It is only a matter of time and work before we, as an immigrant rights movement, come to terms with the fact that law enforcement terrorism is also a Latinx issue. Doing so will require us to fully abandon the “good” immigrant narrative that leads to fantasies that papers grant liberation. This is a callout for ridding ourselves of criminality being a taboo issue we avoid and deny so that non-Black Latinx can practice transformative solidarity with Black lives.

The following 9 points are critical for non-Black Latinx communities and movements to consider and explore:

  1. Law enforcement is inherently white supremacist and cannot be reformed with dashboard and body cameras, Department of Justice oversight, police accountability, citizenship or relief. Police, Immigration and Customs Enforcement, Department of Homeland Security and the Border Patrol must be altogether demilitarized, defunded and dismantled.
  2. Latinx, migrant, trans and queer liberation is impossible to achieve as long as anti-Blackness is the paradigm and Black people are assassinated in cold-blood by law enforcement.
  3. We must rise in solidarity with our Black and undocumented Black immigrant siblings and embrace our proximity to Blackness by recognizing law enforcement terrorism as an issue that also impacts Latinx directly. While at the same time recognizing our differences and non-Black privilege and not claim or co-opt the Black struggle that is not our own.
  4. It is key to develop and grow a political analysis that identifies anti-Blackness, white supremacy, capitalism, patriarchy, misogyny, transphobia, law enforcement, mass incarceration, borders, citizenship and imperialism as systems that need to be dismantled.
  5. We must organize around class not identity, all while understanding that the dehumanization of Black people will keep us all from liberation. We must be inclusive of UndocuBlack experiences, demands and leadership and expand the narrative of who is an immigrant to include and uplift UndocuBlack, UndocuAsian, UndocuTrans/Queer and UndocuFemme experiences and political analysis.
  6. As non-Black Latinx and non-Black Indigenous people are killed, let’s uplift their names and stories without comparing it to Black deaths and without expressing resentment about the lack of attention they receive by the corporate media; let’s not compare deaths at the expense of or on the backs of the Black community. This is not oppression olympics.
  7. Let’s only use #BlackLivesMatter and not change that hashtag to be about Latinx or brown lives because that is an example of co-opting and making it more about us.
  8. We must show-up, build relationships and be in coalition with our local Black-led organizations under the Movement for Black Lives and assist and follow their leadership.
  9. We must respond, speak-out and organize every time a Black, brown, Indigenous, trans, queer, undocumented person in our community is killed by the police.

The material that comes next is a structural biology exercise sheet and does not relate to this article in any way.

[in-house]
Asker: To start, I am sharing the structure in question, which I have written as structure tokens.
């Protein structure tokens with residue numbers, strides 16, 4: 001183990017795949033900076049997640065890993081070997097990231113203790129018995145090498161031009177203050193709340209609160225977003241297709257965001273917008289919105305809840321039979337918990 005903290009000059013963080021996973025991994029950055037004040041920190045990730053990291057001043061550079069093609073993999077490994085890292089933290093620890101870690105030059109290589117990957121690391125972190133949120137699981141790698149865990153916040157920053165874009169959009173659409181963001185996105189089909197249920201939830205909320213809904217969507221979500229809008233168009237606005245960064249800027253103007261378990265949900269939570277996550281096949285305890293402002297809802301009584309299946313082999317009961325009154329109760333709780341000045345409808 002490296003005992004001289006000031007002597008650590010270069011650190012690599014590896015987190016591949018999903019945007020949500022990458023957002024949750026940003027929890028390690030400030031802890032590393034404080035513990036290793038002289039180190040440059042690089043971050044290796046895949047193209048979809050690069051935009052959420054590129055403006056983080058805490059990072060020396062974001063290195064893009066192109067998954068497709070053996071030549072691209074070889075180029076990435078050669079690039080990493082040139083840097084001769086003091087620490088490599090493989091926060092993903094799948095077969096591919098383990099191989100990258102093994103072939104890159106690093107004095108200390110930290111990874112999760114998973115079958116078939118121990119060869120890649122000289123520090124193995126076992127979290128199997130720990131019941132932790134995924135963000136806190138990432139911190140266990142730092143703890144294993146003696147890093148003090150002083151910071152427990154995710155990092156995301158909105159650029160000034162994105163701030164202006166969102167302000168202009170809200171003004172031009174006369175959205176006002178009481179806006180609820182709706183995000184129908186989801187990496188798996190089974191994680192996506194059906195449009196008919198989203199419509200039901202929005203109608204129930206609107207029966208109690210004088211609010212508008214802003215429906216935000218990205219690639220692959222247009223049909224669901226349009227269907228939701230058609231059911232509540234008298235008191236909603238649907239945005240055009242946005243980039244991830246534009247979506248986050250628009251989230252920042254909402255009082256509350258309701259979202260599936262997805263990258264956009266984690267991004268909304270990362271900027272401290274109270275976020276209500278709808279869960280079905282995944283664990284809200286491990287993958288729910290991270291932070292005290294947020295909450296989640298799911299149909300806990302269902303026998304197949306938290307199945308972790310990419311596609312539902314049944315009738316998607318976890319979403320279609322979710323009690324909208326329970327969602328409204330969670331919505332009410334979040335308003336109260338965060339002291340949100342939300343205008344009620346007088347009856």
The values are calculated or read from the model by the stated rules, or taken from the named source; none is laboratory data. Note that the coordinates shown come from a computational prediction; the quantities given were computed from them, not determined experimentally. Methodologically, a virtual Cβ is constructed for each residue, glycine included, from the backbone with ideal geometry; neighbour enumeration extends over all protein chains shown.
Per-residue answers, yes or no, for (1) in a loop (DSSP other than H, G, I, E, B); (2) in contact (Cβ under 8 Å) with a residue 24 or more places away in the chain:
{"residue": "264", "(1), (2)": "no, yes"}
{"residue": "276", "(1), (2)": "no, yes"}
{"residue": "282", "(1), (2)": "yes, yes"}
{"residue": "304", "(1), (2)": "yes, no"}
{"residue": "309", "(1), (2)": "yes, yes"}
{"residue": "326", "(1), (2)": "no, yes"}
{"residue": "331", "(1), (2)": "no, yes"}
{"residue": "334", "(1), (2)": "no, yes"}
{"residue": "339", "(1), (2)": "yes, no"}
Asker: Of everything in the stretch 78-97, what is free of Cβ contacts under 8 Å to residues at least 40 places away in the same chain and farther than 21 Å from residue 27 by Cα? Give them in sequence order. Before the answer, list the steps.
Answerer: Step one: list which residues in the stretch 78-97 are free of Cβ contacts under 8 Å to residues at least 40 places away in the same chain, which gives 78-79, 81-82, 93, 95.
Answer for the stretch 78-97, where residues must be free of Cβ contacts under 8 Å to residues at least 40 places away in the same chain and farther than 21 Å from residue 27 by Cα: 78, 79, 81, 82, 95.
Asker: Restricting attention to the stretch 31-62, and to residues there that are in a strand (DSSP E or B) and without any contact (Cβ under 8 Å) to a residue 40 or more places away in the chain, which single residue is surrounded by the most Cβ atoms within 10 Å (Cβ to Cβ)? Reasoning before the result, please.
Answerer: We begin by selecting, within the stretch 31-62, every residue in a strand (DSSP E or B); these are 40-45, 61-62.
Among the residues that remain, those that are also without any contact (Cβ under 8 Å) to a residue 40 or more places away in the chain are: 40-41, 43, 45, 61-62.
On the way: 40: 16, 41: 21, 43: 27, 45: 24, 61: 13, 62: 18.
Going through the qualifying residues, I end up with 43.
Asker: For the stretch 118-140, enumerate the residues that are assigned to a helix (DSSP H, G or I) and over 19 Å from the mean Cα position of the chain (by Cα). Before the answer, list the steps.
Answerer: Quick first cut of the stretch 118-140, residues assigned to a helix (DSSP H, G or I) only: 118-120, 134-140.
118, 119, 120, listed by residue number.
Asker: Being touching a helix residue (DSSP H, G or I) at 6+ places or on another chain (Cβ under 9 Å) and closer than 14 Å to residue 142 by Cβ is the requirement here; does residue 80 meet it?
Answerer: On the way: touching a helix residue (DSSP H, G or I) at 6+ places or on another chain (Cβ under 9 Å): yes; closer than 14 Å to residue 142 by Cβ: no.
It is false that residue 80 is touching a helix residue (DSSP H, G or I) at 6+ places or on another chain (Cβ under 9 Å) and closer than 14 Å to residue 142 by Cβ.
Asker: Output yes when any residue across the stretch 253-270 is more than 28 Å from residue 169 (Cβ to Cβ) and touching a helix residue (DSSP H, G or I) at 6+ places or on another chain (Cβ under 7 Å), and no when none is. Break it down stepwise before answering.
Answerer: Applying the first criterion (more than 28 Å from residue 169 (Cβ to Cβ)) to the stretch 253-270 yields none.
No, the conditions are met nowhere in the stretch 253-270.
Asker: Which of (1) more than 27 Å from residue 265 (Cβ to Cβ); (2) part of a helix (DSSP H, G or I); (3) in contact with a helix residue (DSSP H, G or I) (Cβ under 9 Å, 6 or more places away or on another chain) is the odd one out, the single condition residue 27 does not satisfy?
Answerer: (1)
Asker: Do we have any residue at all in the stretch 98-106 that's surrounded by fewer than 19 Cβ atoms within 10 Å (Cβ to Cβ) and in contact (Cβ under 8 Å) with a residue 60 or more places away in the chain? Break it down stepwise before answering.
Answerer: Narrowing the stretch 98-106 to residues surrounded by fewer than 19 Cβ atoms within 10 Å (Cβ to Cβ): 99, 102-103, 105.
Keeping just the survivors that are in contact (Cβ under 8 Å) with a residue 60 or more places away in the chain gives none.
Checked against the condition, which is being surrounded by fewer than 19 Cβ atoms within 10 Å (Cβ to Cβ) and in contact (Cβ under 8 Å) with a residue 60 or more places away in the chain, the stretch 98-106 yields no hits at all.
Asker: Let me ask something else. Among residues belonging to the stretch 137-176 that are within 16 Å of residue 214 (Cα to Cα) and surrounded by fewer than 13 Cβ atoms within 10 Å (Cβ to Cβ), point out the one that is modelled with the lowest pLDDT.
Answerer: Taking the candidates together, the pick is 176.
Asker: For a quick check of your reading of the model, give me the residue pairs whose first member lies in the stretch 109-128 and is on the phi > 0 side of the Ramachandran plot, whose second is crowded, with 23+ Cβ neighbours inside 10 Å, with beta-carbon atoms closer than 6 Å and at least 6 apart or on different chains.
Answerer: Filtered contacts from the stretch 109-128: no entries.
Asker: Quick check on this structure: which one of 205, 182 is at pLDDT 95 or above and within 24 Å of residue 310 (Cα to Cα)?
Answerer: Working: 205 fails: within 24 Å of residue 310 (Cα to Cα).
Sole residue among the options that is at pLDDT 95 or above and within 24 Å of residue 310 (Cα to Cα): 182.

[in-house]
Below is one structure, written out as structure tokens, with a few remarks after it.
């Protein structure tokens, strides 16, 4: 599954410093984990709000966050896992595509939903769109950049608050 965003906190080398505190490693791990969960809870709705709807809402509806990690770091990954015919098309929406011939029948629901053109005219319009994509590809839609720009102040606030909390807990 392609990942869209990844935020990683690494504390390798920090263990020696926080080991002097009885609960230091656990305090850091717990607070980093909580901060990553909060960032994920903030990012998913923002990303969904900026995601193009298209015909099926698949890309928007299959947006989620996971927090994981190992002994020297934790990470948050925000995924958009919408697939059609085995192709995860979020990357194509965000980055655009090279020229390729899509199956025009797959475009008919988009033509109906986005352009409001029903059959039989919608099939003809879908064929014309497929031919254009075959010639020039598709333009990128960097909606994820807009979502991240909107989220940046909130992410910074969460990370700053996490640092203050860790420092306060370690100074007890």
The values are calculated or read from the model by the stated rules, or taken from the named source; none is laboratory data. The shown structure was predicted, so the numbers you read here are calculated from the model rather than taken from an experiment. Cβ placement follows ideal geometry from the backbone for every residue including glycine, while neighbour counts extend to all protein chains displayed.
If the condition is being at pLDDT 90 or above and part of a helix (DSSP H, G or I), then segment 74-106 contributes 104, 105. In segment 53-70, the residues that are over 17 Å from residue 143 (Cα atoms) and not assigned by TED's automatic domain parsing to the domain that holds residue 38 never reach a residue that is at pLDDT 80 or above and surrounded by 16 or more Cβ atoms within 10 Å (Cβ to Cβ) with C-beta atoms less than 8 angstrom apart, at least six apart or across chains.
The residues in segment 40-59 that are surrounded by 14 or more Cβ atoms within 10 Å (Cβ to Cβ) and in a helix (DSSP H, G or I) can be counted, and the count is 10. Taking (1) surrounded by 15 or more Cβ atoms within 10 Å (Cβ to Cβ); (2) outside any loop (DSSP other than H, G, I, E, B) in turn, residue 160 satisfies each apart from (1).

Fundamentally, Latinx/brown people are also killed by law enforcement because Black lives don’t matter to this system and our proximity to Blackness, mixed with anti-immigrant xenophobia, attracts bullets. Essentially, all lives won’t matter until Black Lives Matter. It happens to us because it happens to them.

As award-winning Afro-Dominican, feminist poet, Elizabeth Acevedo, shared on Instagram, “One time for those of us who don’t think we are complicit through our silence. One time for those of us who pass in this society and don’t think these issues affect us because we live under the guise of: Latino, Hispanic, light-skinned, Trigueño, Indio, mestizo, or any other term that doesn’t mean sh*t because they will come for us too.”

Needless to say, following July 4, at least eight Latinx have also been assassinated by cops. Here are their names: Pedro Erick Villanueva, Anthony Nuñez, Scott Ramirez, Melissa Ventura, Raul Saavedra-Vargas, Vinson Ramos, Fermin Vincent Valenzuela and Javier Garcia Gaona.

As an immigrant rights movement, we must consistently mourn, uplift and immortalize, as a movement, our Black siblings that are disproportionately murdered by police alongside the names of these Latinx family members also executed by law enforcement. They cannot die anonymously. They need vigils, protests, statements, hashtags, but more importantly our collective outrage and indignation.

Abandoning anti-Blackness means Latinx embrace their own political proximity to minute aspects of Blackness. This does not mean they co-opt a Black struggle as their own, because it is an experience non-Black people will never understand, but rather, they come to recognize the differences and similarities rooted in anti-Blackness and white supremacy, and the ways in which those who are not Black benefit from that on a daily basis.

The work we need to do is both difficult and messy: because Latinx must acknowledge that they are both privileged and oppressed. This is a prerequisite to actual and real solidarity work with Black, undocumented Black immigrant and Afro-Latinx communities.

To conclude, as long as anti-Blackness exists, structurally and interpersonally, and Black people are targeted for murder, Latinxs will never, ever be free. Beyond just solidarity work with Black communities, non-Black Latinx also have a personal and collective stake in eradicating anti-Blackness. We must learn from and follow the courage and interventions of the Movement for Black Lives.

Latinxs must shut it down too alongside our undocumented Black, African-American, Indigenous, trans, queer, Muslim and Asian siblings. We must shift our analysis and consciousness in order to birth a new reality— our own dreams and visions on our own terms.